The new rock garden at Harlow Carr seen from the top

Air-layering rhododendrons

As well as working with the rocks, I had opportunity to attend a masterclass with Andrew Willocks. He is a horticulture specialist at Harlow Carr. During this informative session I learned lots from watching his layering technique. After he showed us, we had a go at air-layering ourselves. If successful, the new plants will be ready to be potted up in two years’ time.

Later that day I worked with Aimee Beth in the woodland. She decided it would be the perfect opportunity to go around the woodland, air-layering a number of rare rhododendrons that are hard to get hold of. Many were the only specimen in the garden so propagation is crucial to make sure these plants are not lost. One such was Rhododendron souliei, an attractive species with saucer-shaped, pink flushed flowers, originally from Sichuan, China.

Andrew Willocks air-layering rhododendrons

A visit to Margaret and David MacLennan’s snowdrop collection

I have always wanted to visit the Plant Heritage National Collection of Galanthus in Cumbria. This year, I was fortunate to visit with Jim Jermyn and Aaron Marshall. On arrival, as we went into the back garden, there was no national collection to be seen! Margaret said, “Come on, let’s go through the magic gate.”

Joshua Tranter (left), Aaron Marshall, Margaret MacLennan, David Maclennan (right)

Through the gate we were greeted with rows of raised beds, filled with snowdrop varieties. They are all growing in aquatic planters and plunged into sharp sand. I was astounded by the quality of the collection and by the precise organisation. This attention to detail is crucial for national collection holders. We learned a tremendous amount from the visit and from the huge enthusiasm and passion they have for snowdrops. Margaret and David were so happy to pass on their knowledge.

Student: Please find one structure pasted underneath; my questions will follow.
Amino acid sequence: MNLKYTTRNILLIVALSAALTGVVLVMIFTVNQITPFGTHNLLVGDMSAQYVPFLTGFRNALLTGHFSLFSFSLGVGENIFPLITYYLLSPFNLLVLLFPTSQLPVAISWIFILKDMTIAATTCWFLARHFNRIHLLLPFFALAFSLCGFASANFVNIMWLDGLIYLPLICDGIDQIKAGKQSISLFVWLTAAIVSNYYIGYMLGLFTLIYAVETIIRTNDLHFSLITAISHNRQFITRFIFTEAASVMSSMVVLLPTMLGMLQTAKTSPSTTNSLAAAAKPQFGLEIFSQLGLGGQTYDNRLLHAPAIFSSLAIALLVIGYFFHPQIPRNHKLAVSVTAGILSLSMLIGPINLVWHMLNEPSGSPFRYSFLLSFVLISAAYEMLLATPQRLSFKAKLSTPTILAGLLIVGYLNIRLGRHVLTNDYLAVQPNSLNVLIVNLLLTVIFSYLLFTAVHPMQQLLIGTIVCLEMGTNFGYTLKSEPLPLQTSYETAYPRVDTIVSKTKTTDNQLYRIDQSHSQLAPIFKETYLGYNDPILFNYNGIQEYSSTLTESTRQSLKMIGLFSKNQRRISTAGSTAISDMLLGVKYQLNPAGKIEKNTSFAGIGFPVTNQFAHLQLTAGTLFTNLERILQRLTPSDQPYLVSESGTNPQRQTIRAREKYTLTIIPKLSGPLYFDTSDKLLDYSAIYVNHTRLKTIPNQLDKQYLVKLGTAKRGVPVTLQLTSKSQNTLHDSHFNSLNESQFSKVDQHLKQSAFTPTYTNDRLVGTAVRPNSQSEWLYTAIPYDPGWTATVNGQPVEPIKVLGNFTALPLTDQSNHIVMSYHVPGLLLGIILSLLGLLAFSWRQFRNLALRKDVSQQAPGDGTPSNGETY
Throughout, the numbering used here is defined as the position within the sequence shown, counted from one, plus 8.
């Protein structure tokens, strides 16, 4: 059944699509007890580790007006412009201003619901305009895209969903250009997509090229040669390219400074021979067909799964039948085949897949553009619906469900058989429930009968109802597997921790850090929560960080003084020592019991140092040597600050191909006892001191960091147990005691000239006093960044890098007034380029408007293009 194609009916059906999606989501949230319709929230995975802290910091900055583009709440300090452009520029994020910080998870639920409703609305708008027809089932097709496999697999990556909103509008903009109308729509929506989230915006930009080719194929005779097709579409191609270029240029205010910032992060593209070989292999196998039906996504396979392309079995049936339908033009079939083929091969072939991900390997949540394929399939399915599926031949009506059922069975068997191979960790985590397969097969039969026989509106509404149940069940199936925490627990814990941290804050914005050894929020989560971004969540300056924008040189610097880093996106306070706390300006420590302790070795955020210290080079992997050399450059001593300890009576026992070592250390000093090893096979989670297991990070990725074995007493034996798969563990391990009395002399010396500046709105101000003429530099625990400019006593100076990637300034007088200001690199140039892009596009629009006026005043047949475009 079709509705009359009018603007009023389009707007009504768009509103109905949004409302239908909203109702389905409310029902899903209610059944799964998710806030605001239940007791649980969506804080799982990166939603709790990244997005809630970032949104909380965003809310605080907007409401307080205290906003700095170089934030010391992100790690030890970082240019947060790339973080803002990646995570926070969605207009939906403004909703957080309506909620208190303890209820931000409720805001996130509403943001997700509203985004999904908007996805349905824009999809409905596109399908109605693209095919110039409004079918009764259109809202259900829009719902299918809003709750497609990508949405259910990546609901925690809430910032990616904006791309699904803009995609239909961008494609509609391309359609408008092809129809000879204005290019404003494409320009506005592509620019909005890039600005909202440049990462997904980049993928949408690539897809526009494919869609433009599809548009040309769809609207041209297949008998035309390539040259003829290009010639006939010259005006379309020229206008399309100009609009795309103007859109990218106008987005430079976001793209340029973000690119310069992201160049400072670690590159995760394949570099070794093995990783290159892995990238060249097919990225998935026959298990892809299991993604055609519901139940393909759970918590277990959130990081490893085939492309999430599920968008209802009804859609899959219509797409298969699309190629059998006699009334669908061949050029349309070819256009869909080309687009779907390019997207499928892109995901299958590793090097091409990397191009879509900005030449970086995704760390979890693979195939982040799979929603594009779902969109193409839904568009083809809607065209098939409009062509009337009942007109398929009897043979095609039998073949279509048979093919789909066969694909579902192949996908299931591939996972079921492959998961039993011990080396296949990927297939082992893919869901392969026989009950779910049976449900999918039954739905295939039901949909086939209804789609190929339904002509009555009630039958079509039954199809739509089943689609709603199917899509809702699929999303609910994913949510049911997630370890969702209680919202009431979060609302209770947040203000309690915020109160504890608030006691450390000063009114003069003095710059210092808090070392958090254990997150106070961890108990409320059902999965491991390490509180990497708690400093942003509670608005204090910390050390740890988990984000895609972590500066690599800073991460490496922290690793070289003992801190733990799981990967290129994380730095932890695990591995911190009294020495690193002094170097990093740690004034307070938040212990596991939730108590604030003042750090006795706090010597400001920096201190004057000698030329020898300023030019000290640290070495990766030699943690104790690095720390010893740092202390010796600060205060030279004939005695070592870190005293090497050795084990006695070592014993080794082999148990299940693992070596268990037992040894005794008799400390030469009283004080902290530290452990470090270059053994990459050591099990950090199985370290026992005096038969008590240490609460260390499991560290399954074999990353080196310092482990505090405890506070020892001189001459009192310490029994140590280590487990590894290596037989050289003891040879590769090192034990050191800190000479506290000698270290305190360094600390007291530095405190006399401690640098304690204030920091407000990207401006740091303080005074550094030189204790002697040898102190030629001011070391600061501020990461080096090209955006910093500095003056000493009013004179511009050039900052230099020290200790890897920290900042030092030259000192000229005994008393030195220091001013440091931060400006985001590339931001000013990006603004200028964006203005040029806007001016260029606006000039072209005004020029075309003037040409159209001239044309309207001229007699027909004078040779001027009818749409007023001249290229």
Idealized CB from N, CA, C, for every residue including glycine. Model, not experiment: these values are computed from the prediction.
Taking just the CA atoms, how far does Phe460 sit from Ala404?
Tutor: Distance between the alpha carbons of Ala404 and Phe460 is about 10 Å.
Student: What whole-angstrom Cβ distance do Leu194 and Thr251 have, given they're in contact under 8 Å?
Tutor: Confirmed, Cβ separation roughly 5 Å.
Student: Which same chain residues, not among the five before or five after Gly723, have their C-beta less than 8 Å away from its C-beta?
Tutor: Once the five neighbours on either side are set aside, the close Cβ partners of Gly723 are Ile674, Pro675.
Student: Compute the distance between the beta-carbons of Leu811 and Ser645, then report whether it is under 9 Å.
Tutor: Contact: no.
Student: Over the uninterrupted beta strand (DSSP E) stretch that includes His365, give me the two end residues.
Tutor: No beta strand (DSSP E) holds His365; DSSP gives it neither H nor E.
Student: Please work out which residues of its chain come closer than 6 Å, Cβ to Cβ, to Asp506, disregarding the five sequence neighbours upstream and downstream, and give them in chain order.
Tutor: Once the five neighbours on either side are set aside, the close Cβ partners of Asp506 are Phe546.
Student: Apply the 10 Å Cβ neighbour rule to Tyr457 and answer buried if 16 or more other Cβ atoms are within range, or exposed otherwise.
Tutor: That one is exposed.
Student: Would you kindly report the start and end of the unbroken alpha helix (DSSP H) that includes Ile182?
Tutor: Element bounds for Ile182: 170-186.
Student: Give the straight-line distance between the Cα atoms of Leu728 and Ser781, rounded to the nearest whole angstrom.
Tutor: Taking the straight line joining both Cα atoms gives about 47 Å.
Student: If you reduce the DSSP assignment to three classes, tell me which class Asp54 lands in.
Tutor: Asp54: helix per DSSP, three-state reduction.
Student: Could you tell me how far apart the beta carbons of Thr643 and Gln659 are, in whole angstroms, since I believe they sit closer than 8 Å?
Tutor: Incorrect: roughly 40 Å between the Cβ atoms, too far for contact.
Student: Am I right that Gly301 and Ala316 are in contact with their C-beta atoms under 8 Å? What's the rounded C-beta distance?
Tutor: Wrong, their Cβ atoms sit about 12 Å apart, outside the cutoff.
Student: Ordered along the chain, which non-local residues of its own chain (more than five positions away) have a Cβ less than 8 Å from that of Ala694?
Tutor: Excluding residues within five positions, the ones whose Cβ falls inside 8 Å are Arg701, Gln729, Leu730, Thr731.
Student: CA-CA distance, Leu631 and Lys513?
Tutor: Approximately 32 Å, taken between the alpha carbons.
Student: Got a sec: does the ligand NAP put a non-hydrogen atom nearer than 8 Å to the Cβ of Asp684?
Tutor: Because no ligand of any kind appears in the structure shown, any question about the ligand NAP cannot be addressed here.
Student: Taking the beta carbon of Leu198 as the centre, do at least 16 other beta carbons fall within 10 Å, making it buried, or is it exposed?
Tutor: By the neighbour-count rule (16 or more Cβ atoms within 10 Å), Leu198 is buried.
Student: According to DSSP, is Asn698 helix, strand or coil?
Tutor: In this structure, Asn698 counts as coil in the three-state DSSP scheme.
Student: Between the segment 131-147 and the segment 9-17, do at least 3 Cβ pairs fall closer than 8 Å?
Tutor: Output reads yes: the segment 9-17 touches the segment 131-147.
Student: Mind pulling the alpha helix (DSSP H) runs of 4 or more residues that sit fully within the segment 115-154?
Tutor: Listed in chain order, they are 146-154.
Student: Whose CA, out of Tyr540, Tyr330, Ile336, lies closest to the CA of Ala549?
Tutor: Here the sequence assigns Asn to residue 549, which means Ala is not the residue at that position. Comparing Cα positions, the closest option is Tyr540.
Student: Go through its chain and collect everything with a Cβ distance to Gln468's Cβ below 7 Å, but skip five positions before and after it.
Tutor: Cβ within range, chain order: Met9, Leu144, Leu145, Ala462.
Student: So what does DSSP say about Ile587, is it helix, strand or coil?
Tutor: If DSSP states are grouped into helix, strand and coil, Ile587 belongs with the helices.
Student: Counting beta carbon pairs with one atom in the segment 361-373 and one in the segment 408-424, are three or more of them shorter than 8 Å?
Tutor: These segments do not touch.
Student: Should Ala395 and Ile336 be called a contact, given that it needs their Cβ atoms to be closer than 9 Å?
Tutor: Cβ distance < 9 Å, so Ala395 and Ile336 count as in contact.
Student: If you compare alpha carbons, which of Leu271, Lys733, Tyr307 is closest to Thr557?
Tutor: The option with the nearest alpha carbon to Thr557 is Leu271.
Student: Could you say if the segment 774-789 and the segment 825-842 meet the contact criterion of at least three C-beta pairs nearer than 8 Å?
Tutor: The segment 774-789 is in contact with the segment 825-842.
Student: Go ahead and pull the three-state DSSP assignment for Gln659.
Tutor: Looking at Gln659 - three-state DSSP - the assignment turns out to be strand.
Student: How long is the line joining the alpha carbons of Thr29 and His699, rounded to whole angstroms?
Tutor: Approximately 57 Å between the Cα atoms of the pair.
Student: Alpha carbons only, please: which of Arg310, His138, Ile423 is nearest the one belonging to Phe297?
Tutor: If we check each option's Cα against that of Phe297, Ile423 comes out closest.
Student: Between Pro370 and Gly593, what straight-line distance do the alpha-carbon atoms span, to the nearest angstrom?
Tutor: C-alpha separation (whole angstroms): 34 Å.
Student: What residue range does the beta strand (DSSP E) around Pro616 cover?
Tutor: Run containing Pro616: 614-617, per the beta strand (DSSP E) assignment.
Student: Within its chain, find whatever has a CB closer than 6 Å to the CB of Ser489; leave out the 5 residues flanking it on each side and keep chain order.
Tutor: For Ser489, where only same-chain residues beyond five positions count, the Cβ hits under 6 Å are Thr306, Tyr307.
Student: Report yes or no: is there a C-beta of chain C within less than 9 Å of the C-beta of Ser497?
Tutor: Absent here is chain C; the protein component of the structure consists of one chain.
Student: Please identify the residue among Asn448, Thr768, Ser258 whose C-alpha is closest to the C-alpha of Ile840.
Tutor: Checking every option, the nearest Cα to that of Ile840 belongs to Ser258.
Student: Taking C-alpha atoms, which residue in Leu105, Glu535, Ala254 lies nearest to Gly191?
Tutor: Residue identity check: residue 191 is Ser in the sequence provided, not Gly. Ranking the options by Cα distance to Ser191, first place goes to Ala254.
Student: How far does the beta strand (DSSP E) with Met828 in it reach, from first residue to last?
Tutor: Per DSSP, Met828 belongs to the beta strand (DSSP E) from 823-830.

Over lunch we talked about the future of snowdrops and the introductions of new varieties. After a good look around the national collection we jumped into our cars and headed for their allotment. You are probably thinking allotment – growing fresh produce to eat. Their allotment is packed with more snowdrops. The idea behind this is they plant a number of varieties in frames and leave nature to do its thing. In time, exciting seedlings may occur. When the snowdrops have gone dormant, the beds are mulched over every year.

All in all, we had a great day sharing our passion for snowdrops and gaining knowledge and enthusiasm for this genus.

Snowdrops on the allotment

Plants of interest

Colchicum luteum

I’m not a huge fan of most colchicums but I rather like this species for its elegant yellow flowers. It is native to central Asia, Afghanistan, Pakistan, Tibet and the Western Himalayas.

Colchicum luteum

Colchicum luteum

Helleborus thibetanus

Photographed at Ashwood in the hellebore stock tunnel. A deciduous perennial, native to China. A French plant collector discovered this hellebore in 1869. However, it wasn’t brought in cultivation in Britain untill 1991.

Helleborus thibetanus

Helleborus thibetanus

Primula x gothoburgensis

As seen growing at Branklyn Gardens in Perth, Scotland. A cross made at Gothernburg Botanical Gardens between Primula renifolia x P. megaseifolia; this is a wonderful free flowering plant with plenty of vigour. It’s a shame it’s not widely available yet.

Primula x gothoburgensis

Primula x gothoburgensis